If the social buzz around Nokia's rebooted 3310 didn't make it clear enough, Mobile World Congress 2017 has been all about big comebacks and rampant nostalgia for mobile tech's yesteryear.
Yet while HMD Global's slightly gimmicky relaunch of the Nokia name relied mostly on a device that is unlikely to wow the smartphone crowd, TCL's full-blooded BlackBerry revival with the stunning KeyOne is nothing less than the real deal.
IBTimes UK went hands-on with the QWERTY keyboard-toting Android device, formerly known as the BlackBerry Mercury, and were mightily impressed with what we saw. Below are our initial impressions ahead of a full review at a later date.
BlackBerry KeyOne: Design
Even from a brief glance, it is fairly evident that the KeyOne is dressed to impress. From its smooth anodised aluminium frame to the soft rubbery leather backing to the curved 2.5D-effect display curves, the KeyOne is a handsome handset from any angle.
Like the Priv that went before it, it is also as satisfying to wrap your palms around as it is to behold, feeling hefty and premium but light at the same time (somehow it weighs just 180g). It's both long and narrow, leaving your fingers free to use the keyboard or touchscreen with ease. There's also a customisable tab on the edge display which takes more than a few cues from Samsung's "Edge" devices.
The 4.5in Full HD LCD screen's 3:2 aspect ratio won't please those looking to stream widescreen videos on YouTube in crystal clear quality, but for browsing the web, drafting emails and using BlackBerry's unique app suite (including BlackBerry Messenger), it seems to do the job.
On the rear lies a 12-megapixel Sony sensor borrowed from the Google Pixel, but we understand that the imaging software on the unit we tried isn't fully finalised. For what it's worth, our quick snaps were sharp, clear and colourful with natural hues. It also has an 8-megapixel camera on the front for selfies, which feels a little at odds with its business-grade design, but it's there regardless.
BlackBerry KeyOne: QWERTY Keyboard
With Android Nougat installed out of the box the KeyOne performs as you would expect for a touchscreen smartphone, if only on a smaller sized display. But let's cut to the chase. The real differentiator here is the in-built QWERTY keyboard. Whereas the Priv hid its keyboard in a sliding form factor, here it sits in plain sight underneath the display panel.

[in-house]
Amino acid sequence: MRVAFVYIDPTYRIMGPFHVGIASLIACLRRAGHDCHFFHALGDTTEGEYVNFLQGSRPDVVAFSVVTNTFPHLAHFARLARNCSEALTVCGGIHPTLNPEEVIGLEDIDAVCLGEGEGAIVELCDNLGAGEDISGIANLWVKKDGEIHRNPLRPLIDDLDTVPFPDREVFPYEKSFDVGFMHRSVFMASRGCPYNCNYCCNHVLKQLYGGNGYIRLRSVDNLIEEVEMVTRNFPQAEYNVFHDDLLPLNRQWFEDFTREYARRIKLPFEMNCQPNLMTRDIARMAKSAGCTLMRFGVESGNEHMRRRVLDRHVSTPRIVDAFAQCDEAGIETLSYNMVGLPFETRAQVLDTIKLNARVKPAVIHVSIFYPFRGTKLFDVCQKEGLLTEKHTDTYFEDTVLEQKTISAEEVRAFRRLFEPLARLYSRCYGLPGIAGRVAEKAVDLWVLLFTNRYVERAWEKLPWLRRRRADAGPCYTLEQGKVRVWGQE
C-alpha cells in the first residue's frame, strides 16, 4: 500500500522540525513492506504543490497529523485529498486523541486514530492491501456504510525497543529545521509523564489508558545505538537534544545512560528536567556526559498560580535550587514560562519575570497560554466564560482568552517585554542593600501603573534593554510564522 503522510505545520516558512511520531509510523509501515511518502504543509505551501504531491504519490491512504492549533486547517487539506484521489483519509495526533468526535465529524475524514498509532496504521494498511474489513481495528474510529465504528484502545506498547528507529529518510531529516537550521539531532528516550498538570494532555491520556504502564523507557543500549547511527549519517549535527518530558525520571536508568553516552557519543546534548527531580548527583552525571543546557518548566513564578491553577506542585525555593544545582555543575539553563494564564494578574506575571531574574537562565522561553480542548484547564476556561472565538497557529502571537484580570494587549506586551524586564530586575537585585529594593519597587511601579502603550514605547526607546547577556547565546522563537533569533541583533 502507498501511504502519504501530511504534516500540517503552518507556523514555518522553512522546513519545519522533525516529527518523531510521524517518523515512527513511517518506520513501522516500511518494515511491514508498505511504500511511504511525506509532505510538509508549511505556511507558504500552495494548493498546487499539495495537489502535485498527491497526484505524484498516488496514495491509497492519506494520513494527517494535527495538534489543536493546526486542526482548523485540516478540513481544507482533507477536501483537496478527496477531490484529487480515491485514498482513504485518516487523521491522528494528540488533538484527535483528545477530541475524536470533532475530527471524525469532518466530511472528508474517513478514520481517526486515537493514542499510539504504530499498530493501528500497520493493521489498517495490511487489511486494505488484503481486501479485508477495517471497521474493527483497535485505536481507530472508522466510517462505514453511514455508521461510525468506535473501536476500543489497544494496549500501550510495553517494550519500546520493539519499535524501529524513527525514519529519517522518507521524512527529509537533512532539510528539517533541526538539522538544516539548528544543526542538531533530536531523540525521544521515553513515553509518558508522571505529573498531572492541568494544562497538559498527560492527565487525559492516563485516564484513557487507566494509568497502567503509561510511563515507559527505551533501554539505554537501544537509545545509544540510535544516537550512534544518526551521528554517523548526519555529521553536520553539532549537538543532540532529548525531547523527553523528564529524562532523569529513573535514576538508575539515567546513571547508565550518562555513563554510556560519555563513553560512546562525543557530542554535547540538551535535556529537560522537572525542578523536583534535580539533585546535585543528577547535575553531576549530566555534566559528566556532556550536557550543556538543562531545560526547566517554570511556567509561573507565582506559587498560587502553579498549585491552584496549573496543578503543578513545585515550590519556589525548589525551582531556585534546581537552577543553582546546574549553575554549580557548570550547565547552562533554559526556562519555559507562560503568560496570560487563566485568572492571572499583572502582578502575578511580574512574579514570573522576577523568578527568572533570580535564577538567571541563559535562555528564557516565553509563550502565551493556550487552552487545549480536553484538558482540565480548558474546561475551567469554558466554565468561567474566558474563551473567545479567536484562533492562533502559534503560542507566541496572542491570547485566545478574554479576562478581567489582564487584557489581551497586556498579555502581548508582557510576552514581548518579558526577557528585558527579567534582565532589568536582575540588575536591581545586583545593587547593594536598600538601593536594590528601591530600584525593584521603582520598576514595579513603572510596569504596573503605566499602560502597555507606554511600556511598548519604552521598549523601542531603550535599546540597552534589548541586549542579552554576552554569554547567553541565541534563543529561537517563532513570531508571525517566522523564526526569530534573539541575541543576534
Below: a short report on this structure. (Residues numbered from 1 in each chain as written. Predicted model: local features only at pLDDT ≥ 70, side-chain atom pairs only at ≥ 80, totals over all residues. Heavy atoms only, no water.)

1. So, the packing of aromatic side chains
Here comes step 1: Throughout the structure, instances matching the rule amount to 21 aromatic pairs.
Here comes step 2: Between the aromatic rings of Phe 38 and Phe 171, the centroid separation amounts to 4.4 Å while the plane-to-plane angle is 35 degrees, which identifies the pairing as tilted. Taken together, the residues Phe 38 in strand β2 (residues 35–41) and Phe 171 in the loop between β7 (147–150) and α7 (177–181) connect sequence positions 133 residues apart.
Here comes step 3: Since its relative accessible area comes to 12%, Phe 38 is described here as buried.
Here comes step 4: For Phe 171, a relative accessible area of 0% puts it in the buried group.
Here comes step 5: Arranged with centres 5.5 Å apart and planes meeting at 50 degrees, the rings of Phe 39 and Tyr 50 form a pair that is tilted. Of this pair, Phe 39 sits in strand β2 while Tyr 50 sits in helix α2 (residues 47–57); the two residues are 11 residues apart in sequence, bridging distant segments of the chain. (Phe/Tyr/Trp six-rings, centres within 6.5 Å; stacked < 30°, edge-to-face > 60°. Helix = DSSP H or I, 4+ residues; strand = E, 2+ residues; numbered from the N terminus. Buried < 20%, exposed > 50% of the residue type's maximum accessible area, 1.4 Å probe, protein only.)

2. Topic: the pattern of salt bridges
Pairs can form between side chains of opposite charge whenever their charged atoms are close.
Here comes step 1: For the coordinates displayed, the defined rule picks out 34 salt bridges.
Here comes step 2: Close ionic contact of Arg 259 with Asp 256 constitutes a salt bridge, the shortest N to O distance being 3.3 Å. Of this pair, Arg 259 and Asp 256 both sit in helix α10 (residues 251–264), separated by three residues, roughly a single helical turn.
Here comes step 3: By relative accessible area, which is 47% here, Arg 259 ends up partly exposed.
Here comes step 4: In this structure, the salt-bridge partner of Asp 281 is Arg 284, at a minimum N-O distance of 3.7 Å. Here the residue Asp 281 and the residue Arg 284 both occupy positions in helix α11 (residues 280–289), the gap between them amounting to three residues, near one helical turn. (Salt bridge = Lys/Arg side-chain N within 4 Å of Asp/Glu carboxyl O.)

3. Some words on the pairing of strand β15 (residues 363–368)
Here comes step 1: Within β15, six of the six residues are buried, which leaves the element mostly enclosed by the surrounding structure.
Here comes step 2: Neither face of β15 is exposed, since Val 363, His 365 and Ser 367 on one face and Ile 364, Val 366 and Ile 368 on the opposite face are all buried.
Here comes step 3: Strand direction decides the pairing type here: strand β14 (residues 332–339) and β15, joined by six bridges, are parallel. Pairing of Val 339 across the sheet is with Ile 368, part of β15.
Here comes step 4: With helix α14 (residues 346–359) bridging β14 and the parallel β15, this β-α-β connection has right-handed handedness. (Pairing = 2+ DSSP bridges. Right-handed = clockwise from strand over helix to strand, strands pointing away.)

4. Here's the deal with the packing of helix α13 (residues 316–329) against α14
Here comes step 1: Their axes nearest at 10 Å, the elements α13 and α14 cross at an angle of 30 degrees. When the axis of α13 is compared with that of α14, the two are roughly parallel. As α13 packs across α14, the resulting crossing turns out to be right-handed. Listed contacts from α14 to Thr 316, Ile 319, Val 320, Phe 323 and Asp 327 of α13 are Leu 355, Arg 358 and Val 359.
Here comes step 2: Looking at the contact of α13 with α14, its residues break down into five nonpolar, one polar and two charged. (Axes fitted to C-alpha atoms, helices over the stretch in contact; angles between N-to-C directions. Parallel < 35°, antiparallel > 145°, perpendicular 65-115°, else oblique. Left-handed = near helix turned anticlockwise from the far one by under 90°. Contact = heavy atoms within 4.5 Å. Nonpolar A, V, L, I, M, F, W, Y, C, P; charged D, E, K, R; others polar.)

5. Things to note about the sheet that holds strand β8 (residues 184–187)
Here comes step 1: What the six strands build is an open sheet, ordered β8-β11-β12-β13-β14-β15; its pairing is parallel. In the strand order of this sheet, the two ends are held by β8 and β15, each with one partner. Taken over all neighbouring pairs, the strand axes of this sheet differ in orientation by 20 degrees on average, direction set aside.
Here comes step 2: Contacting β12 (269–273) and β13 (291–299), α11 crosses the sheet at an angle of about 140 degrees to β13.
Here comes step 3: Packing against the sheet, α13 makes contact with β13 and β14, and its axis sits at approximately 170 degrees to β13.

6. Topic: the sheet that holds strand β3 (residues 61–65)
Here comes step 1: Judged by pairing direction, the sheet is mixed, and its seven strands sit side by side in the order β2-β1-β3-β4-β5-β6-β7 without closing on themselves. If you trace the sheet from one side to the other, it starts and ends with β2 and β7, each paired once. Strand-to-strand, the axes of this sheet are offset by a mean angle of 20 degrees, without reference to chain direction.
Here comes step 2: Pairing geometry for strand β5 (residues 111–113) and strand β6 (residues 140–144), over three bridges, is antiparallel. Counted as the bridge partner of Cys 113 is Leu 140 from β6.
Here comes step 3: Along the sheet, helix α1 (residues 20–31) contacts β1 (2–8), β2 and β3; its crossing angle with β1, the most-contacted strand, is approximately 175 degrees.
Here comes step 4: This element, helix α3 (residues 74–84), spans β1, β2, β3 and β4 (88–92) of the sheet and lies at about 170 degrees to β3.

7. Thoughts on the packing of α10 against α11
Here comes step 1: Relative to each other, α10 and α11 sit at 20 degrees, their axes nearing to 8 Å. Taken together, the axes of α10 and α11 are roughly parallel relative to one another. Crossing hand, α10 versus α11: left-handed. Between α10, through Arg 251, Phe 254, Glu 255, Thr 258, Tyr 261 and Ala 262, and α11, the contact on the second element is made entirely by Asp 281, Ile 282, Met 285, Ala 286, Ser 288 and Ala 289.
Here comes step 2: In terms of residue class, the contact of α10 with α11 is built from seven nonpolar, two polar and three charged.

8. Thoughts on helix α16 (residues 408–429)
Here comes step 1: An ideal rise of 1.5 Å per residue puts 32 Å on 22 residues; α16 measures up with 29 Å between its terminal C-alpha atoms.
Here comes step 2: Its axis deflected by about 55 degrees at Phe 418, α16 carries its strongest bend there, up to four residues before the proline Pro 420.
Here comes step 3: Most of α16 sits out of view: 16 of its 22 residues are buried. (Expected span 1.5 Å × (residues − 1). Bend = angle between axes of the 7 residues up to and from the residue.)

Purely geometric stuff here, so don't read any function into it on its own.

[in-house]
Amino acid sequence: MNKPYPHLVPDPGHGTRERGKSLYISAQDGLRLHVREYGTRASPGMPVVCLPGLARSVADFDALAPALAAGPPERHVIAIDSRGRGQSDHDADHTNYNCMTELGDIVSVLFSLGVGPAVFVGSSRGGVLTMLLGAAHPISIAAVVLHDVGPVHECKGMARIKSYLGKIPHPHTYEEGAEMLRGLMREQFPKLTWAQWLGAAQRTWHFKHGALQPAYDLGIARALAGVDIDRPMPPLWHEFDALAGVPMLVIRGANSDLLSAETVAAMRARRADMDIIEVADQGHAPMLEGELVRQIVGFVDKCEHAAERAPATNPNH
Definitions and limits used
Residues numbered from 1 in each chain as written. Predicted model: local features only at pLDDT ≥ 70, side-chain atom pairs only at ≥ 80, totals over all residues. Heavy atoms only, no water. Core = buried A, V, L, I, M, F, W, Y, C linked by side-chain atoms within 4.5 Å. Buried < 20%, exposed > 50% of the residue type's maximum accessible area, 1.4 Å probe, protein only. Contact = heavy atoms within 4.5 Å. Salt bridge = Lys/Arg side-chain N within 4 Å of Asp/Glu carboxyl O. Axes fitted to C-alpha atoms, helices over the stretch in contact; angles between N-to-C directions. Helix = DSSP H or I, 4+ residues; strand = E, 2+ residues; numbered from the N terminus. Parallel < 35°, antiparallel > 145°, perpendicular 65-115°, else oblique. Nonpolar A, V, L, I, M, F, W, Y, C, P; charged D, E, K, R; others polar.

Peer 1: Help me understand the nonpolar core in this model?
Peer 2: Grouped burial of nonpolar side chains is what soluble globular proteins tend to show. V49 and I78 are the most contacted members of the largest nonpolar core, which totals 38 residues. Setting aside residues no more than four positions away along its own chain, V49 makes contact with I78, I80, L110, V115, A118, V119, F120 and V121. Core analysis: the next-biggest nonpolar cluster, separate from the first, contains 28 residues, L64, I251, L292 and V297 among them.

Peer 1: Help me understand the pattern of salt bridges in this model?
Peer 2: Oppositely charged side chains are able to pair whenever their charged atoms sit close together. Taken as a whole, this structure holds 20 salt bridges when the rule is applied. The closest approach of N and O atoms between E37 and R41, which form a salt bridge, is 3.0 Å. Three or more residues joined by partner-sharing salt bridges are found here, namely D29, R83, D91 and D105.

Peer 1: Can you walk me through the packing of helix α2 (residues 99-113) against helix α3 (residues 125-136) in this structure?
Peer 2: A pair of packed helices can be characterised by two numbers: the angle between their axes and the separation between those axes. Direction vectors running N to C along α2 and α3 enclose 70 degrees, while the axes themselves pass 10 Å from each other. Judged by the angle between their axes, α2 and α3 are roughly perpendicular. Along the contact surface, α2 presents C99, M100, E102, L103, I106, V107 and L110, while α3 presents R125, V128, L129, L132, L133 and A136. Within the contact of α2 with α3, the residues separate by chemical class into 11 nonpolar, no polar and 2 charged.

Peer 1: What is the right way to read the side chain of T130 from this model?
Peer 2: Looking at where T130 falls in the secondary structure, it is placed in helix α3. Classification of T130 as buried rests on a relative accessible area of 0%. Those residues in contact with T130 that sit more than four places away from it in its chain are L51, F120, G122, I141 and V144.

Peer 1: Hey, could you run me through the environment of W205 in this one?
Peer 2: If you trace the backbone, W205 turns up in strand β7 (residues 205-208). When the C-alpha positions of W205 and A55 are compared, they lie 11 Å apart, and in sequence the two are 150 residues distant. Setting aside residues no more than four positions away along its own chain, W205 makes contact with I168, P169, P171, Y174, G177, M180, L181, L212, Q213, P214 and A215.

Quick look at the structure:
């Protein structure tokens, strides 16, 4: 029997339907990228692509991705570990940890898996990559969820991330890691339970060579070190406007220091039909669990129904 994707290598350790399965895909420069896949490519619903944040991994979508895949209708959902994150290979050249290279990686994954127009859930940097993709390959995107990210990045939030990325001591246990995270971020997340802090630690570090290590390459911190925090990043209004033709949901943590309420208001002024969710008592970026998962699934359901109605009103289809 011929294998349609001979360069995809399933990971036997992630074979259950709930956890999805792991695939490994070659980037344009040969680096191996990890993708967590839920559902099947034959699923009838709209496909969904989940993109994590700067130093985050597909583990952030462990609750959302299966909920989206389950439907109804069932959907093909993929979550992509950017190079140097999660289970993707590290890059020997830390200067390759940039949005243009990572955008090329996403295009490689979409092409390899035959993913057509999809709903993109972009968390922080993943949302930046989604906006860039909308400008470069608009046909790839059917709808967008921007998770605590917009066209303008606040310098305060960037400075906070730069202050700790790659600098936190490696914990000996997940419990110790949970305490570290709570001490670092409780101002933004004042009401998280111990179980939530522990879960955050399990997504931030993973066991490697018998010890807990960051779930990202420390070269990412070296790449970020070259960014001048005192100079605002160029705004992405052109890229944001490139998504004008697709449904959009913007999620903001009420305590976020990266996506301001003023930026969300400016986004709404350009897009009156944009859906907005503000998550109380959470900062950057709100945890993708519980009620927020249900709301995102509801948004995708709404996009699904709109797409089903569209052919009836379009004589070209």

While there was a slight readjustment period at first, typing out a message draft on the KeyOne with two-handed button presses triggered muscle memory I forgot I had. It's a little cramped compared to those found on the beloved Bold range or the BlackBerry Classic, but aside from a space bar that juts out bit too far (likely due to the built-in fingerprint sensor), the keyboard is an iconic BlackBerry staple done right, with the KeyOne avoiding the trap of feeling like a standard Android smartphone with a keyboard stuck on it.
It also has a few tricks up its sleeve, thanks to its capacitive sensors, which can be used to scroll around the touchscreen, instant word suggestions, and app shortcuts which let you map letters to specific apps. For example, holding the "W" key could open WhatsApp with ease.
BlackBerry KeyOne: Anything else?
Of course it wouldn't be a BlackBerry phone without a meaty security suite. The KeyOne brings the DTEK software over from the DTEK family and runs the latest version of Android Nougat, complete with the latest security updates. Both TCL and Google have promised that future updates will arrive in a timely fashion too.
As for the OS itself, BlackBerry's skin does little to interfere with the stock Android experience. This leaves a largely bloat-free UI which fits nicely with the all-in-one messaging system within the returning BlackBerry Hub.
As for performance, that will have to wait for a full review as while the test device we tried at MWC 2017 performed OK, we are keen to put the Qualcomm Snapdragon 625, 3GB of RAM and 3505mAh battery under pressure in extended tests when it's available in April.
As for price, it's been given a £499 ($622) price tag, which rings in slightly higher than expected for a mid-range Android handset. However, the finish of the KeyOne and that nostalgic label might be enough to prise wallets open.
While we await more time with BlackBerry's latest, the best thing we can say about the KeyOne right now is it's a BlackBerry phone in 2017 that we want to see more of.
Feature-rich, reasonably priced, absolutely beautiful to look at and delightful to hold, the BlackBerry KeyOne leaves a very strong first impression, but will it be enough to claw back the business folk who left the brand behind? For the first time in a long time, it could have a fighting chance.